This brings me to my main theme, which ties in with a previous posting of mine, about Marsh's wonderful literary abilities: she chose the most evocative names for her characters. Partly, it has to be assumed, this came from her theatrical background with Shakespeare, other Elizabethan and Jacobean playwrights as well as seventeenth and eighteenth century comedies for an example.
She herself explained how she arrived at her hero's name: Alleyn after the great Elizabethan actor and founder of Dulwich College, her father's alma mater and Roderick because she had met somebody of that name during a visit to the Highlands of Scotland. When she thought of the woman Alleyn was to fall in love with, she wanted a very plain, worthy first name and an odd surname. She created Agatha Troy, who signed her pictures and was known by all those close to her, including her husband, by the surname, which has a forcefulness that goes well with her personality. Death in White Tie, said Marsh once, could have been called The Siege of Troy, although Alleyn does not use underhand Greek methods.
People who know Alleyn call him Rory and those who know his wife call her Troy but her cousin P. E. Garbel, a slightly confused but very likeable character in Spinsters in Jeopardy, thinks of them as cousins Roddy and Aggie, thus showing her own rather odd way of looking at the world.
There are many examples of the happy naming of names in Marsh's novels. What could be a more splendid name for an actor, playwright, director and theatre manager than Peregrine Jay (Death at the Dolphin and Light Thickens)? The Lampreys were presumably given that surname in order to produce the punning title, which then, sadly, had to be changed for the American audience to Death of a Peer.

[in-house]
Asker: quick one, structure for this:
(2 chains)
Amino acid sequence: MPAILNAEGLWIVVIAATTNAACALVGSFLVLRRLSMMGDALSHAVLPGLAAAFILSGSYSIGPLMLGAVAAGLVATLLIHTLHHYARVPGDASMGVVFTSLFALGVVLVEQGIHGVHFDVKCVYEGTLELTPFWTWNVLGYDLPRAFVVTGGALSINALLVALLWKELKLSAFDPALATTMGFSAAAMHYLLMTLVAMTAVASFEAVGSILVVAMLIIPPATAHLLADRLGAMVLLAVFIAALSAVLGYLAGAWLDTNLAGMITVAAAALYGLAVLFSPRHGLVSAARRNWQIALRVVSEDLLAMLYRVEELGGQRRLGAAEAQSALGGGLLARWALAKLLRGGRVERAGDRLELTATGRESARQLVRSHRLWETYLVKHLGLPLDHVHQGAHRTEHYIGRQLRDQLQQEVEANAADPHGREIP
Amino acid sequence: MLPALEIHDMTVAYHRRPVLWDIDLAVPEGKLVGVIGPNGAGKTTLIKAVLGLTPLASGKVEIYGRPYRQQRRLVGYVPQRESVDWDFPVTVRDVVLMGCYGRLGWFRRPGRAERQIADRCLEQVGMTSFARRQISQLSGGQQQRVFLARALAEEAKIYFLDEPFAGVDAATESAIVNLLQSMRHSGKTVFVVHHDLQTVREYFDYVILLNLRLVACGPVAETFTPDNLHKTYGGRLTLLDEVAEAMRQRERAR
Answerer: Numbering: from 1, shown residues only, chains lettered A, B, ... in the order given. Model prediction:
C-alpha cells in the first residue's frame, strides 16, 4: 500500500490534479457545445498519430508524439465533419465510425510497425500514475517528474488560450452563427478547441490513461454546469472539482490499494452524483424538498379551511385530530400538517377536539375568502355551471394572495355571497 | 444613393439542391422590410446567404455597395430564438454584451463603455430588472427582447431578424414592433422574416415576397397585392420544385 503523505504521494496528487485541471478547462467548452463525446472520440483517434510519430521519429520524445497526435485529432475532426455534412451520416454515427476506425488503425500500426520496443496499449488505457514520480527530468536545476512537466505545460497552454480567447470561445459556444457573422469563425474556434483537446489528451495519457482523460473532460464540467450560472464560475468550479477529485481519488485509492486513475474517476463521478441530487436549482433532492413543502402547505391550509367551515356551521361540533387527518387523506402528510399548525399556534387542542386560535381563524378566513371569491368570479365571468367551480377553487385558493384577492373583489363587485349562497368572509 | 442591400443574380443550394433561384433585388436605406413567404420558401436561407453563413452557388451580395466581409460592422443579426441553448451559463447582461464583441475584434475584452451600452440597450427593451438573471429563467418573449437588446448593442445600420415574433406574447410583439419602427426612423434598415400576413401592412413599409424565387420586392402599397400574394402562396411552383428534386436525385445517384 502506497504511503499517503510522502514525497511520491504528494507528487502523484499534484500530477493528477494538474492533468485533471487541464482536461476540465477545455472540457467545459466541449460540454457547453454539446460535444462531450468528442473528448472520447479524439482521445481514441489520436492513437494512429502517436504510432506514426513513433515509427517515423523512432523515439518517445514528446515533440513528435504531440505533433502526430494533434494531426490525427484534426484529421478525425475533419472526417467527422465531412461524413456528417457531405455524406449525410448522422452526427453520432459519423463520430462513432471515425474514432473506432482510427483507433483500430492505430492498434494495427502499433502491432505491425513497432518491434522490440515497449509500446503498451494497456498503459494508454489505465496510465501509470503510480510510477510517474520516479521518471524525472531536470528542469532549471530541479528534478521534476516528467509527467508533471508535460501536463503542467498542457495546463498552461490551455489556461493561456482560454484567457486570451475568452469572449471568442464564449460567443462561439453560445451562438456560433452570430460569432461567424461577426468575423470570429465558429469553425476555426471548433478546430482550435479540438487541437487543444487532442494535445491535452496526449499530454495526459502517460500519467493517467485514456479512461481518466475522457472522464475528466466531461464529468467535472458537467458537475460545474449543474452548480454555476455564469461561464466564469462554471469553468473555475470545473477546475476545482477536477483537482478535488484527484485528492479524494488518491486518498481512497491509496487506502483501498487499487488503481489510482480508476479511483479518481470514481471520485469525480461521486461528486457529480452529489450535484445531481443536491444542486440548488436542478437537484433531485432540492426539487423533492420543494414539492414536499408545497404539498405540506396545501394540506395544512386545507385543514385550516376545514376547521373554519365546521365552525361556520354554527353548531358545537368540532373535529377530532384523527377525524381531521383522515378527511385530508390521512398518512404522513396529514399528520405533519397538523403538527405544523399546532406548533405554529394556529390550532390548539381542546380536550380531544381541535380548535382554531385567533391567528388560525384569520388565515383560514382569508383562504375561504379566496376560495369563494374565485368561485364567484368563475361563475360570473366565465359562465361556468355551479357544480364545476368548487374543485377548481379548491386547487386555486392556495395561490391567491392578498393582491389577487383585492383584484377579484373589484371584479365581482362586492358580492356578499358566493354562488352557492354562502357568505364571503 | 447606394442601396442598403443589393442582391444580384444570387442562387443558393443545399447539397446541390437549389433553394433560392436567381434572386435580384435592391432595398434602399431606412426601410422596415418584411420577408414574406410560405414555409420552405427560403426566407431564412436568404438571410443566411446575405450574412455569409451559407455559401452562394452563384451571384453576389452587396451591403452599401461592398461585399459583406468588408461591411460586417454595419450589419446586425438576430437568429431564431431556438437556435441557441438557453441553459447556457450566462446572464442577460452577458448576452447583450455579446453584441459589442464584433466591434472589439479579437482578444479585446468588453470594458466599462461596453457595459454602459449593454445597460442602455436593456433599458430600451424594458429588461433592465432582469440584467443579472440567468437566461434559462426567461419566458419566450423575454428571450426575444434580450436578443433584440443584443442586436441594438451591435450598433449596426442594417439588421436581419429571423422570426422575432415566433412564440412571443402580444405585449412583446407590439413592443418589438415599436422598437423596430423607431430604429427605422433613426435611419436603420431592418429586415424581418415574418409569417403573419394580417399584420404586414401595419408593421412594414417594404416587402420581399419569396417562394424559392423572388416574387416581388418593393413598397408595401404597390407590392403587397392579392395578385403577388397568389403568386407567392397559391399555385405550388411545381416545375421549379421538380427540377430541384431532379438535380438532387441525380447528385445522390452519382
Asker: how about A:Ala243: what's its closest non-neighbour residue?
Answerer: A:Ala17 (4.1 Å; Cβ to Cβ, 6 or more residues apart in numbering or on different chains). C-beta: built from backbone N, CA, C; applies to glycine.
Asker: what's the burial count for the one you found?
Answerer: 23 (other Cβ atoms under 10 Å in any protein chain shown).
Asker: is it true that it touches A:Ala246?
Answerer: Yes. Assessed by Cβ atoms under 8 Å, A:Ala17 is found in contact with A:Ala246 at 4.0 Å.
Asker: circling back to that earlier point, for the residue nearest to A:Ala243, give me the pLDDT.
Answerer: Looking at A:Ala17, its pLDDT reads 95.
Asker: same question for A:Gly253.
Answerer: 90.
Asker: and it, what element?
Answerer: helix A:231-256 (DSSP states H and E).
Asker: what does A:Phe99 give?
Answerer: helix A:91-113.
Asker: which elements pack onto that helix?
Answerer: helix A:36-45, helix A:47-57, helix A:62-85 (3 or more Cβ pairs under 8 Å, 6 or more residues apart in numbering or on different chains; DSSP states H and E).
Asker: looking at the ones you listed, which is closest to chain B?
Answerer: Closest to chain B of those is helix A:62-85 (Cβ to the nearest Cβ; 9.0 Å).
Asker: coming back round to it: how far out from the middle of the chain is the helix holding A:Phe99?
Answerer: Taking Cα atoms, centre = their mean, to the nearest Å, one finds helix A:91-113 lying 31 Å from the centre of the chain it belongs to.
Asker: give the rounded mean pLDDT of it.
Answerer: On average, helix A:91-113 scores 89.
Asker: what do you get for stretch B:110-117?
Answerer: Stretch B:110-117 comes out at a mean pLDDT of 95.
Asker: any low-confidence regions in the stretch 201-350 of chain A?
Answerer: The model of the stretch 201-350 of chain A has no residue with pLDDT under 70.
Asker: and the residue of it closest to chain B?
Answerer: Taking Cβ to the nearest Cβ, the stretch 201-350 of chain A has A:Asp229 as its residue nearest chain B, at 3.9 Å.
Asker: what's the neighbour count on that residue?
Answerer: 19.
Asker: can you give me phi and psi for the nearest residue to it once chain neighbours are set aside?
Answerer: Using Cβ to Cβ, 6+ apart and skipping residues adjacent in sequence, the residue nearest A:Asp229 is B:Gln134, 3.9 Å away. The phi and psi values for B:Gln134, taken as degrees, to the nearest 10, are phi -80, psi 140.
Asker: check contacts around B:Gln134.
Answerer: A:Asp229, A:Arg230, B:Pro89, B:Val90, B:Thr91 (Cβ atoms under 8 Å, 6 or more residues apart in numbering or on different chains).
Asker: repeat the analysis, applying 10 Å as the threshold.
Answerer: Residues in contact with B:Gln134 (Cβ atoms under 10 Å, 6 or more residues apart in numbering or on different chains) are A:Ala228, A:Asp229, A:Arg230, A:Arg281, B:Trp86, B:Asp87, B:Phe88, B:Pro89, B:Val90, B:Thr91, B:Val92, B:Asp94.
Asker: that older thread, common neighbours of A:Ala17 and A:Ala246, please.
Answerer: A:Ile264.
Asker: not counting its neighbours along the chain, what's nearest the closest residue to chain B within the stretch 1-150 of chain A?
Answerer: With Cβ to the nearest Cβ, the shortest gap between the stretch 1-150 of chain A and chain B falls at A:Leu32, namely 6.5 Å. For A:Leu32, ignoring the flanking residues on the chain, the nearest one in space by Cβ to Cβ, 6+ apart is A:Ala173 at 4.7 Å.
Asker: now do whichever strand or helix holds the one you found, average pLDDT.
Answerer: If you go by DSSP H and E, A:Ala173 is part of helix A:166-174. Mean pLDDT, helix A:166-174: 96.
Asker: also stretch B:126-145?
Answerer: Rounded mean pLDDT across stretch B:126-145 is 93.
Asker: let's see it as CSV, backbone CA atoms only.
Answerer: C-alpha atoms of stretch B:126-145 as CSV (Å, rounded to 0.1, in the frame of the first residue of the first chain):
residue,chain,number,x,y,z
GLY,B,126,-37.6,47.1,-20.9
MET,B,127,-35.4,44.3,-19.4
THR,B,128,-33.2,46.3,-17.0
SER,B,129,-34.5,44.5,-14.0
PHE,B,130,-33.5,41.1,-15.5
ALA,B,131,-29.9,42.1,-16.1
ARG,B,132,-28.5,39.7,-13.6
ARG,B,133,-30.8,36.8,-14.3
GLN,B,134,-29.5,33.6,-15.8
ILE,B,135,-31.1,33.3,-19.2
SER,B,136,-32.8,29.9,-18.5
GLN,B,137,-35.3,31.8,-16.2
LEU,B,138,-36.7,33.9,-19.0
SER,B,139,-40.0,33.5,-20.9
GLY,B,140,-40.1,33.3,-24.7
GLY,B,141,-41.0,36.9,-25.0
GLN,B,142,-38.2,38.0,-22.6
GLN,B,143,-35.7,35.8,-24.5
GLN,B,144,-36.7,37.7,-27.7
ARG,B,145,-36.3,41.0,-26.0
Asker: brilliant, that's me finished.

Then there is the playwright Aubrey Mandrake in Death and the Dancing Footman, whose original name is Stanley Footling. Both of those are guaranteed to bring a smile to the reader's face. The squire of Pen Cuckoo, who rather fancies himself as a gay dog, has the eighteenth century name Jocelyn Jerningham, while his son goes by the far more sober Henry Jerningham (Overture to Death). The rector of Winston St Giles in the same novel and in Death and the Dancing Footman is Walter Copeland, a name that assures one of his High Church tendencies. His daughter, an actress, is a very modern Diana.
My favourite name is perhaps the doorman's in Opening Night. Fred Badger takes one right back to the rude mechanics of Midsummer Night's Dream.
I am rather fond of Marsh's theatre names as well. The Unicorn turns up in several novels if only in passing mention (there is, in fact, a children's theatre in London called the Unicorn); the Jupiter in the short story I Can Find My Way Out becomes the Vulcan by the time of Opening Night but that does not save it from having another murder; while the Dolphin (vaguely based on the Mermaid though most emphatically on the other side of the Thames) keeps its name and also has a second murder in it. There really is no escape from the Eumenides.